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by Ben Verner June 07, 2017

For most people, hunting evokes images of trekking through a bare, snowy forest in pursuit of deer or elk. But while most big-game action takes place in the winter, NOMADS often continue to hunt as winter gives way to spring and even summer. Of course, hunting in the summer is a much different experience. You may have to adjust your gear, techniques and clothing before heading out into the brush. You’ll also need to shift your focus to those species you can hunt during the hottest portions of the year. So, what can you hunt in summer? Let’s find out.

NOTE: Always be sure to follow your state and local wildlife laws and regulations, as summer hunting seasons vary widely from one place to the next.

Coyote Hunting in Summer

coyote hunting

Coyotes are a popular target of many hunters in the summer, particularly as their numbers have exploded over the last few decades. Coyote hunting is usually performed with an accurate rifle, a tripod or pair of shooting sticks and some type of predator call to lure the canines into range. You’ll need to spend more time scouting when coyote hunting in summer, as the combination of dense vegetation and abundant food means they wander less and stay in a relatively small area. Typically, the best times to hunt coyotes in the summer are at dawn, dusk or during the night, as they tend to bed down and lay low during the hottest part of the day.

Wild Hog Hunting

wild hog hunting

Like coyotes, wild hog populations have grown sharply in recent years. When unsure of what you can hunt in the summer, hogs are usually a safe bet. Because they often cause considerable property damage, most states with large populations consider them nuisance animals and permit hunters to harvest them all year long. Most hunters use tree stands and high-powered rifles to hunt wild pigs, but others prefer to stalk their quarry from the ground, typically while using AR-15 platforms. Some locations—particularly those with large populations—allow hunters to hunt with the assistance of dogs or lure the hogs into shooting range with baits, and many also allow you to hunt these feral animals at night.

Squirrel Hunting in Summer

squirrel hunting

Though often overlooked, squirrels are a worthy and surprisingly challenging game species that provide plenty of summer hunting fun. It is important to get out early when hunting these tree-dwelling critters, as they’ll quickly retreat to tree hollows and nests once the temperatures climb. Ideally, you should be set up and waiting before first light. Most hunters simply find a good ambush point near a big oak or hickory tree, while others like to use a squirrel call to help improve their odds and increase the number of squirrels they encounter. Most hunters prefer to use a lightweight, .22-caliber rifle when pursuing such small game.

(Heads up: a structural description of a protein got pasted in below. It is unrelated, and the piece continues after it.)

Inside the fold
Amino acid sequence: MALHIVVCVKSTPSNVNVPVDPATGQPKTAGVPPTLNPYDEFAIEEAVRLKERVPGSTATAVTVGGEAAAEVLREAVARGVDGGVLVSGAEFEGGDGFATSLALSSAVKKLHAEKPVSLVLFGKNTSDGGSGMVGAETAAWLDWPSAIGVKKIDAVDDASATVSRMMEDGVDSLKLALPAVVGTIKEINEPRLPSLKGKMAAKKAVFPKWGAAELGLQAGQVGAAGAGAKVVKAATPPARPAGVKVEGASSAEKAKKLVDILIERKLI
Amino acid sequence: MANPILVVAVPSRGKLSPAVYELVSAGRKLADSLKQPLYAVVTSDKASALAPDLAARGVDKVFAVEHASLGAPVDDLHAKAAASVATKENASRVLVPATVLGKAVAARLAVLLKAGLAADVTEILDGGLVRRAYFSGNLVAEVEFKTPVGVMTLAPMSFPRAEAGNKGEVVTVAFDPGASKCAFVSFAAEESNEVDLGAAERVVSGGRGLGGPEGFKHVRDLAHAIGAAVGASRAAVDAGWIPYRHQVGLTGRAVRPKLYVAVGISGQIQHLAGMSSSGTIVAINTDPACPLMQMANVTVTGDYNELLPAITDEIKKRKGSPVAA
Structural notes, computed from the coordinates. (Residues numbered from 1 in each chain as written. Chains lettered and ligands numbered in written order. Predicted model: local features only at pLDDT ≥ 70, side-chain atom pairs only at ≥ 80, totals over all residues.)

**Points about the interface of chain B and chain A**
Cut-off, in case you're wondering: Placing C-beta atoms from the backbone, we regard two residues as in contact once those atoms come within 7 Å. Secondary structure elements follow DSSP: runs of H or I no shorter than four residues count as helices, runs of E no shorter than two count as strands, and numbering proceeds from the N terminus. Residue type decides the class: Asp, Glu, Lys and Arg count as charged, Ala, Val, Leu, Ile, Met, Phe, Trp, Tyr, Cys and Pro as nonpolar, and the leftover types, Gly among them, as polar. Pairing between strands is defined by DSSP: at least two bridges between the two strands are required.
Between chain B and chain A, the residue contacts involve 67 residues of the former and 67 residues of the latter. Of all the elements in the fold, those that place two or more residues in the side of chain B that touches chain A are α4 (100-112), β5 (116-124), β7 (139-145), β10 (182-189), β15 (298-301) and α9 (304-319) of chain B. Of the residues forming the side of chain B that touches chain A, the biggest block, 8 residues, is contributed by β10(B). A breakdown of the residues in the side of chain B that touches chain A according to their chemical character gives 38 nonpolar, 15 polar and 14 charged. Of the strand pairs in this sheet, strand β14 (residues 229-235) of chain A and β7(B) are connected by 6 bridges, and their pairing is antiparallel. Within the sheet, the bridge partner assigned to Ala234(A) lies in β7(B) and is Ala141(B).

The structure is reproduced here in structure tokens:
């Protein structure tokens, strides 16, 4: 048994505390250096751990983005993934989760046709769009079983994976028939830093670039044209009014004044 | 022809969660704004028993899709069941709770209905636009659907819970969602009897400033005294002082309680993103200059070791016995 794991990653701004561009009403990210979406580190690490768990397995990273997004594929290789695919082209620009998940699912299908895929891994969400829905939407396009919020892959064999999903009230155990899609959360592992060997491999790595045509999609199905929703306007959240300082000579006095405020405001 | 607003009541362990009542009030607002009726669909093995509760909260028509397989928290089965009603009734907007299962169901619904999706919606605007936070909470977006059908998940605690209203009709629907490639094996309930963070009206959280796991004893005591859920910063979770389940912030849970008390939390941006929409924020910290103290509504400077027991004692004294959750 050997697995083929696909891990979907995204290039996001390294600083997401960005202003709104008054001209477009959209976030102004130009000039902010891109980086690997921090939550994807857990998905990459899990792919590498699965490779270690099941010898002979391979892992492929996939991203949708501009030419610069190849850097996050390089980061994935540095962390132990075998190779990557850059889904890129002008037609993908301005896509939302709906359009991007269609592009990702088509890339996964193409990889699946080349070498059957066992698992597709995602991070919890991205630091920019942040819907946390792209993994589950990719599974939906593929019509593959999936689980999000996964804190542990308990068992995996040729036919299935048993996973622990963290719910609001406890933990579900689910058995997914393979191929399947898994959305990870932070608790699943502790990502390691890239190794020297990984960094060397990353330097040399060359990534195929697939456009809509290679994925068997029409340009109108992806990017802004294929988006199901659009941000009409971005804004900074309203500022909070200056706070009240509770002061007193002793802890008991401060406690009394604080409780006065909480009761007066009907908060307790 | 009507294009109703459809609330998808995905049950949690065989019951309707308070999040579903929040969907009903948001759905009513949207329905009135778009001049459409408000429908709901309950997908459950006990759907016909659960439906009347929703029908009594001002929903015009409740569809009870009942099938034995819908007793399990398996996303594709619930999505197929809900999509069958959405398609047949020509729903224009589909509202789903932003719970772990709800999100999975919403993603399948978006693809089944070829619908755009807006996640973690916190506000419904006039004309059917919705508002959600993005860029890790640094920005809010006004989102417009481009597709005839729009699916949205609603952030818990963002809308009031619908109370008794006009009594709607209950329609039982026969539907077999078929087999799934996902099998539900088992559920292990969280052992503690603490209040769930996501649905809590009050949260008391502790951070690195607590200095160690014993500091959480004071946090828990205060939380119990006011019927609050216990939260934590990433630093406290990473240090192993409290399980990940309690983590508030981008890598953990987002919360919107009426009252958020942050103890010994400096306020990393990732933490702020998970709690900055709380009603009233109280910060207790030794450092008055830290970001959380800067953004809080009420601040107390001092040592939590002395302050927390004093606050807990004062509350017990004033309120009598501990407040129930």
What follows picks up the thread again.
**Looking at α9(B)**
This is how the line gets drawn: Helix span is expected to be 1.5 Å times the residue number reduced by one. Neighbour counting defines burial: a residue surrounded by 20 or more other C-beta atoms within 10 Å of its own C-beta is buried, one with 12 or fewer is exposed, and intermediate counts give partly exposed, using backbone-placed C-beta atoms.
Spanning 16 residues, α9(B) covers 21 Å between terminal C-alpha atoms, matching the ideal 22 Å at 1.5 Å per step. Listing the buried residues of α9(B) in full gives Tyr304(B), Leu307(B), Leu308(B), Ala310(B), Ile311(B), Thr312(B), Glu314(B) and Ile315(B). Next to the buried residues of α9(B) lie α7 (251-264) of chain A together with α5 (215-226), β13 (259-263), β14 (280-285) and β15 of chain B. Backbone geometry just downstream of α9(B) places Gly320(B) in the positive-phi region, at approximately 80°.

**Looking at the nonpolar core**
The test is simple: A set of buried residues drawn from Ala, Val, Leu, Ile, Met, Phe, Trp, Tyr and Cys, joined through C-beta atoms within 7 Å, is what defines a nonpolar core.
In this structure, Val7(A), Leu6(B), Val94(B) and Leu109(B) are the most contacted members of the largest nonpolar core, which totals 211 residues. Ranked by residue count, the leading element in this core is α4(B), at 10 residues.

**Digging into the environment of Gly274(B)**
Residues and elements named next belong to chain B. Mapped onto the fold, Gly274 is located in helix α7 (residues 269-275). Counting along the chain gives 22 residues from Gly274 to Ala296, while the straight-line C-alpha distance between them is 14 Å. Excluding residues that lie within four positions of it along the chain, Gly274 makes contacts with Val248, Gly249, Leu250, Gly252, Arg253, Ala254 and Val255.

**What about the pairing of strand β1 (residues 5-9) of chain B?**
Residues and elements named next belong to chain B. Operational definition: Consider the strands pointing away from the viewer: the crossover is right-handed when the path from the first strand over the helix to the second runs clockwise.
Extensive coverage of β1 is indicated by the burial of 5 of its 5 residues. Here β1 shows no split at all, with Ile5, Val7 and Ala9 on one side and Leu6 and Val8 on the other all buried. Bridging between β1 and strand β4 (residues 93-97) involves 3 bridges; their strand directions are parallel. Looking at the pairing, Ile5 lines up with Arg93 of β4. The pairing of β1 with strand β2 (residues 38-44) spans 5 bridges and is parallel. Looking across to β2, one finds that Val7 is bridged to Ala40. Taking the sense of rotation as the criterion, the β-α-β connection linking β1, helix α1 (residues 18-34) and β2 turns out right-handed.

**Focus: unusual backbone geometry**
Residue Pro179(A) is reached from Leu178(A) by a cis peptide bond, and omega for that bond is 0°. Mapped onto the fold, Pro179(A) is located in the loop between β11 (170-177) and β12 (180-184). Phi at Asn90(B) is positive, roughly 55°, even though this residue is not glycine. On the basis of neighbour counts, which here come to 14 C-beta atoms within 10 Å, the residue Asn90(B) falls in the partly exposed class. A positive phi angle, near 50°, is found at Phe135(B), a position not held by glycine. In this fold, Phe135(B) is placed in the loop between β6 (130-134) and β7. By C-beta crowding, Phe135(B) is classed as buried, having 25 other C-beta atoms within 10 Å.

Nilgai Antelope

nilgai antelope

NOMADS living in the Lone Star State have the opportunity to hunt a species found nowhere else in North America: the nilgai antelope. Originally from India, ranchers began releasing these on rangelands in the 1930s. There are now tens of thousands living in south Texas. Nilgai antelope may not have the most impressive horns, but they are large animals, with some males exceeding 800 pounds in weight. Typically, hunters find nilgai by spotting from the back of an off-road vehicle, before getting out and closing the last half-mile or so on foot. You’ll need to be as stealthy as possible, as nilgai are notoriously skittish, and even then, you’ll usually be forced to take shots from at least 100 yards away.

Prairie Dog Hunting

prairie dog

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Prairie dogs offer one of the most unique hunting experiences of all the popular summer game species. Instead of stalking through forests or scaling mountains in pursuit of your quarry, you’ll typically locate an active population (called a town) amid a wide-open prairie. You’ll then set up your favorite varmint-hunting rifle—a .223 is a popular choice—somewhere that provides you with a good line of sight and clear shooting lane. You’ll then get the chance to work on your long-distance sniping skills, as you take shots ranging from less than 100 yards to over 1,000.

Gear Up For the Heat

No matter what you choose to hunt in the summer, you’ll likely face a similar opponent: heat. Don’t give up any ground. Be sure to gear up with high quality performance hunting apparel from NOMAD to ensure you’ll stay cool, calm and collected no matter what game you’re after.

Happy Hunting

Ben Verner
Ben Verner



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